Depression is possibly the most widely spread co-occurring psychological disorder among meth abusers. Epidemiological data show that almost every second meth addict suffers from depression. The users, who smoked, snorted meth suffer from less depressive symptoms than those who use injections. It is important not to leave any of the depressions features untreated because for example isolation or lack of motivation makes participation in recovery programs almost impossible. It is very dangerous to become a meth addict and to feel co-occurring depression. This symbiosis increases suicidal thoughts, and a person becomes more vulnerable to self-harming activities.
Both physical and mental harmful effects should be treated together in order to make the therapy work. Attempts to treat one of the disorders without another one are almost useless. Temporary relief from both disorders may occur, but a reversion in one often results strengthening the symptoms of the other disorder. The antidepressant bupropion can lessen cue-induced hunger. The combination of cognitive-behavioral therapy and talks that motivate together with the appropriate medications create the right recovery path that may give hope to heal the patient at least partly.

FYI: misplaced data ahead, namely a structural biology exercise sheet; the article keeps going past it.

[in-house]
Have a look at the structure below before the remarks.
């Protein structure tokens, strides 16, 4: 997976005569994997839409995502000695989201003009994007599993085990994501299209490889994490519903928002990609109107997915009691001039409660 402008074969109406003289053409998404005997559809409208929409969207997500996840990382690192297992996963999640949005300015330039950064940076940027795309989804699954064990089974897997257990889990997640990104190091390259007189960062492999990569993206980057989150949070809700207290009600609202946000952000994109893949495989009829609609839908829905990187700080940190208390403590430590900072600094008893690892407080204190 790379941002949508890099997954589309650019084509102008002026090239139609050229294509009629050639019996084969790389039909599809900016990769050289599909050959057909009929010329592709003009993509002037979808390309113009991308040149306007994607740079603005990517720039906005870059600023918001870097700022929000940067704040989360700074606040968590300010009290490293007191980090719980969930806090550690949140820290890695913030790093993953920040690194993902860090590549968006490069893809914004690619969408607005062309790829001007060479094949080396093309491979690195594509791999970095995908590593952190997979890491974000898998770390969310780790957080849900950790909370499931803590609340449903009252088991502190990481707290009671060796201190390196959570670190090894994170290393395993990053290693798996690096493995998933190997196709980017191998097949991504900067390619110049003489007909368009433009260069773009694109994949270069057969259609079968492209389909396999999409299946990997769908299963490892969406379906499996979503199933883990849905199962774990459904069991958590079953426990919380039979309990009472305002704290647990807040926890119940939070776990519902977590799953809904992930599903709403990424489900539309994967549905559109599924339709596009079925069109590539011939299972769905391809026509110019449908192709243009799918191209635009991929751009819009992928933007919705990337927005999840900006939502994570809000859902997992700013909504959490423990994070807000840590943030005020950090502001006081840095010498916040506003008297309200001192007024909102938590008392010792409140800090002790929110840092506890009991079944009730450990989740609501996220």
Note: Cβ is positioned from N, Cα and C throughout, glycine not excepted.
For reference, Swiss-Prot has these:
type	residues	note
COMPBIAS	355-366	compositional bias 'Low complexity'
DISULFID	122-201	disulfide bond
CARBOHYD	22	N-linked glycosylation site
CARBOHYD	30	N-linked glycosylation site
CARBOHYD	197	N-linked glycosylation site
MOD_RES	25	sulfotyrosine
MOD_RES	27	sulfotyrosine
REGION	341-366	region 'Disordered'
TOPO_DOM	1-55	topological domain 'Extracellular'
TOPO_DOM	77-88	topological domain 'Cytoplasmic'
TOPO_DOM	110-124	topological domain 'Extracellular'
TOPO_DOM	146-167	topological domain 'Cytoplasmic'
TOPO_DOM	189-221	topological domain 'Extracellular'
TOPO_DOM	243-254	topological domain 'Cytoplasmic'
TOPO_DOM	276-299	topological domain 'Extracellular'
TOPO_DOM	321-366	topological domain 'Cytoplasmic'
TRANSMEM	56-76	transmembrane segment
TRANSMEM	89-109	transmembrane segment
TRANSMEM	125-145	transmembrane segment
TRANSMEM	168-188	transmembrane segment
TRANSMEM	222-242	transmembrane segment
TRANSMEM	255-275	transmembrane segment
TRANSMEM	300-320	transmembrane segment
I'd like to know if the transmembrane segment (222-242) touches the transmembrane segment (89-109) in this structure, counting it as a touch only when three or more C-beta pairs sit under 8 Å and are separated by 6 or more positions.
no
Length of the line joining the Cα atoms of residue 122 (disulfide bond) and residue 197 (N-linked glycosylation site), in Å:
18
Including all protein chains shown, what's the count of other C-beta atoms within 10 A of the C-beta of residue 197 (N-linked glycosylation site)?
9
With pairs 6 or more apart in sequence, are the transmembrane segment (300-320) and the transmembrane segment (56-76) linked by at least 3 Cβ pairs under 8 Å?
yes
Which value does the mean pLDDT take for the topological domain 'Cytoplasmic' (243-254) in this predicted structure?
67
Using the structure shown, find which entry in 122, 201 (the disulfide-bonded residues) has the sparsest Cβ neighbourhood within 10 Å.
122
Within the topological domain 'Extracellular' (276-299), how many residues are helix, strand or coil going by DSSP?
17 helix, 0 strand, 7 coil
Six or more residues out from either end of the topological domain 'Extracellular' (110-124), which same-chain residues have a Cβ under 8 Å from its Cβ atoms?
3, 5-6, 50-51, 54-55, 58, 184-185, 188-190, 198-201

Meth-induced psychosis sometimes gets misdiagnosed as schizophrenia because of the similar symptoms of these diseases. It makes them both difficult in identification. Schizophrenia is among the most detectable mental conditions. Its central feature is psychosis. Both diseases are hard to treat and a lot of time passes before the patient’s conditions improve. Psychosis-type symptoms are usual for schizophrenic patients. Similarly, a primary psychosis-like syndrome is usual for the users with amphetamine-induced psychosis. There are both positive and negative syndromes that characterize meth-induced. The set of negative symptoms count speech poverty, psychomotor difficulties and an emotional lessening. The set of positive symptoms are auditory and visual hallucinations, false impression, speech hardships. A patient may completely heal the symptoms of meth-induced psychosis with self-denial from meth.